Only folks in extreme hardship receive these loans.
If you qualify for forgiveness, it’s worth as much as $27,500!
Fifteen percent of the debt qualifies for forgiveness after the first year, then continues in varying percentages.
After five years, 100% of the debt is forgiven.
You must be on the job for at least one year and meet one of the following criteria:
- Teach at a low-income school.
- Teach special education.
- Teach math, science, a foreign language, or bilingual education. (This also counts at schools not considered “low income”.)
- Teach a subject that has a state shortage.
For more details, contact the school that holds your Perkins Loans.
Teacher Loan Forgiveness
This one is a little bit precious, and you’re paying for awhile before the benefits kick in.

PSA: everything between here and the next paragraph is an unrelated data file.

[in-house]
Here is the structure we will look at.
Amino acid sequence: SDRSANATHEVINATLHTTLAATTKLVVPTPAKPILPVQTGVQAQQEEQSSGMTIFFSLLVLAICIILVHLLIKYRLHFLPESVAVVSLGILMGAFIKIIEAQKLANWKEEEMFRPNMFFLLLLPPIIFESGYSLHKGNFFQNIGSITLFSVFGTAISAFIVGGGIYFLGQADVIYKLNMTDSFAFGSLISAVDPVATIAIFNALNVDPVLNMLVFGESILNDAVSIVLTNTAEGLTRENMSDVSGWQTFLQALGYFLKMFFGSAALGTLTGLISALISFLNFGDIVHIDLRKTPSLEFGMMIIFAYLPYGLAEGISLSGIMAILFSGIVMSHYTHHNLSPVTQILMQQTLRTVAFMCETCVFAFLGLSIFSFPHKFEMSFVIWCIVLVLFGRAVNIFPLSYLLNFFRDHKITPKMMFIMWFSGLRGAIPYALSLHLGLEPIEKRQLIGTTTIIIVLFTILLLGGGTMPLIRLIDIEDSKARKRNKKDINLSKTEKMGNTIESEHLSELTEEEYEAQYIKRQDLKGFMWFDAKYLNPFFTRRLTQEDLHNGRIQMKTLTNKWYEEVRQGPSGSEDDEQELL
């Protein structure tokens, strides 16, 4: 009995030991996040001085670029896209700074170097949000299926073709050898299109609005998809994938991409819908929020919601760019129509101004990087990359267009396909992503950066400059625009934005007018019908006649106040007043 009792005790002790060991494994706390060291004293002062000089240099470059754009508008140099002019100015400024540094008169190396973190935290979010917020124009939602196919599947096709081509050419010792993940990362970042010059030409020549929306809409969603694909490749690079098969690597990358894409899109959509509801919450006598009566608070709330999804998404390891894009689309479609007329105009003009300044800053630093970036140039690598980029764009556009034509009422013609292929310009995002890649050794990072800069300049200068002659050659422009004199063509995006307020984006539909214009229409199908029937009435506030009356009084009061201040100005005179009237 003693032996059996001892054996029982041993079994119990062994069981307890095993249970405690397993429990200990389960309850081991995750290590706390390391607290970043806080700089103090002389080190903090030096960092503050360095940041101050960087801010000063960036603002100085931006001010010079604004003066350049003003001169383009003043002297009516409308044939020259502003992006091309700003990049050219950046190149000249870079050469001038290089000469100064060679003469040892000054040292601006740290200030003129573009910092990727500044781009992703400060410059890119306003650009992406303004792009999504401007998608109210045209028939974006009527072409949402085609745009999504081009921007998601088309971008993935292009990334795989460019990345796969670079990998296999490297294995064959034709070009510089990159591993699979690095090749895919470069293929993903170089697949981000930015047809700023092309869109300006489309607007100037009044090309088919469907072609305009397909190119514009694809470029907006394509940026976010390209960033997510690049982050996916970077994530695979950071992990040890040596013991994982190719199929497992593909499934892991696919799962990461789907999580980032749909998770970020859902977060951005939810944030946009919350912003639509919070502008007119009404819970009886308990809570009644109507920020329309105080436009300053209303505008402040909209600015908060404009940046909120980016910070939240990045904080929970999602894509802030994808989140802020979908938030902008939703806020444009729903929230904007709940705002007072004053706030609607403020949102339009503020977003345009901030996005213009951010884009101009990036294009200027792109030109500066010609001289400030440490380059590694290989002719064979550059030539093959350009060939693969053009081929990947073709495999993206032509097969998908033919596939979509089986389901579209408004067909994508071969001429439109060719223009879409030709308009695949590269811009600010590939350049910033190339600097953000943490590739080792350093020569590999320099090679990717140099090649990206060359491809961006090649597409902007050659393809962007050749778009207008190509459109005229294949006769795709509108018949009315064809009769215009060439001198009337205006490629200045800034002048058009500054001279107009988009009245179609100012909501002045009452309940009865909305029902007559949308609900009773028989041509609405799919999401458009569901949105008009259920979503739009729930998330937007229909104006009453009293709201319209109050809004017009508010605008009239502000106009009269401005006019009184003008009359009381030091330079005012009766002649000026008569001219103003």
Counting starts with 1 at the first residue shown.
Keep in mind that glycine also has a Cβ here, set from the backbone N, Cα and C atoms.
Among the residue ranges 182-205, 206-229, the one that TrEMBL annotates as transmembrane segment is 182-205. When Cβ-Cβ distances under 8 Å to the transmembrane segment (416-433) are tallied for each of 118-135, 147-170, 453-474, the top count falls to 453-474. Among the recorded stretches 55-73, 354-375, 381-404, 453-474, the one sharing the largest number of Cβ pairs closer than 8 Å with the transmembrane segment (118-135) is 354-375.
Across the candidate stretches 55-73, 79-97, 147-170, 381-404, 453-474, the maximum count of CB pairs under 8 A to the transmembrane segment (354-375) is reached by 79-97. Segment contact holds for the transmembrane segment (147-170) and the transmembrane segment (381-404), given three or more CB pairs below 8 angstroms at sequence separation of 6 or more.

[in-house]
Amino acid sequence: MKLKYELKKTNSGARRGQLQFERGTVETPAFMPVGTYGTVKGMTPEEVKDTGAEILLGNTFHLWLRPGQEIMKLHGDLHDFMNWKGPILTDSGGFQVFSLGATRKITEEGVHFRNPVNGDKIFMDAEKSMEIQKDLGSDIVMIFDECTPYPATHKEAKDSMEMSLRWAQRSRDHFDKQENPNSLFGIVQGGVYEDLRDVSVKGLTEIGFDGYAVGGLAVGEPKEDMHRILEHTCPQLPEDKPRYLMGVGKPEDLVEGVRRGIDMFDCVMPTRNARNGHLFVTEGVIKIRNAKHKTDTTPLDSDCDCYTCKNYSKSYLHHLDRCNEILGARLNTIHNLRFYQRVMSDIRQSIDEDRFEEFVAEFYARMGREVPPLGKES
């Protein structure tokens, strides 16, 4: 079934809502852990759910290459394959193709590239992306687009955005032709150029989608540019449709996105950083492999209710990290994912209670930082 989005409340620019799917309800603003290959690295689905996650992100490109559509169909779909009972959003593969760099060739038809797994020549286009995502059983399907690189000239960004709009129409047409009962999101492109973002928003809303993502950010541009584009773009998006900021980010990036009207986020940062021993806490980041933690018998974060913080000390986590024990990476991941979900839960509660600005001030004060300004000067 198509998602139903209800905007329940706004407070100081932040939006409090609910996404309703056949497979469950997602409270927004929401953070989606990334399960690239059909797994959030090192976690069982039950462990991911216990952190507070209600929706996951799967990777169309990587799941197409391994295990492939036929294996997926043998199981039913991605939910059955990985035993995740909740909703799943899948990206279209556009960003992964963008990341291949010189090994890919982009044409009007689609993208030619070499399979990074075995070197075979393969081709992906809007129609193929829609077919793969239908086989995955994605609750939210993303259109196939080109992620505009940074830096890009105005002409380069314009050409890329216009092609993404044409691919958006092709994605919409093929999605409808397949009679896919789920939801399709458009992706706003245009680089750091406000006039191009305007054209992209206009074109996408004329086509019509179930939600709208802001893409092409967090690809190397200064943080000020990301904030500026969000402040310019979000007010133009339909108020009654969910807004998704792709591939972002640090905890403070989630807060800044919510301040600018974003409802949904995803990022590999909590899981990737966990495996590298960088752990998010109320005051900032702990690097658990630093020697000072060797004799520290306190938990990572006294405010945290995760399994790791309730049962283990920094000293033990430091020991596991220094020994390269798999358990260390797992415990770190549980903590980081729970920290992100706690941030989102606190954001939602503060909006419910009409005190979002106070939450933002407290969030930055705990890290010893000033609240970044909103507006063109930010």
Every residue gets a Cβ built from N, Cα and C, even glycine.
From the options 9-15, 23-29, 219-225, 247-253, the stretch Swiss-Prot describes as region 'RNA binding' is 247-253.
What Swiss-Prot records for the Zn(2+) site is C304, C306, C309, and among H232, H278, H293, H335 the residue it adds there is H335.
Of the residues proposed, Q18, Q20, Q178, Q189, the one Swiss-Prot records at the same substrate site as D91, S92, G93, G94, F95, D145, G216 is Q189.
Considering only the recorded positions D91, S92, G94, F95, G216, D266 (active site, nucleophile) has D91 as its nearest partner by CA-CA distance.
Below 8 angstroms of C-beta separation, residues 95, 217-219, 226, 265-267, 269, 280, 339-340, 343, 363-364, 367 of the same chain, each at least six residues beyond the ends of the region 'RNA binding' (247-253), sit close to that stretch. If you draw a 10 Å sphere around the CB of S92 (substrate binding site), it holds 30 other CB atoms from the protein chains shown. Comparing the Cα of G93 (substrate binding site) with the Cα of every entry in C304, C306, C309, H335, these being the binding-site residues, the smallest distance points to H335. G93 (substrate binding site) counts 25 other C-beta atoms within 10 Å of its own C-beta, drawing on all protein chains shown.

You can apply only after you have completed the five-year teaching requirement.
Still, $17,500 of your direct, FFEL subsidized, or unsubsidized loans may be partially or completely forgiven.
At least one of those years must have been after the 1997-98 academic year.
Highlights and catches include:
- “Highly qualified” means you obtained a full state certification as a teacher or passed the state licensing exam, holding a state license. In addition, special education and secondary mathematics or science teachers may qualify for up to $17,500 in forgiveness. “Other” eligible teachers may qualify for up to $5,000 in forgiveness.
- Through this program, PLUS loans and Perkins loans are not eligible for loan forgiveness for teachers.
- For teacher loan forgiveness, you cannot count the time you spent teaching to receive benefits through AmeriCorps.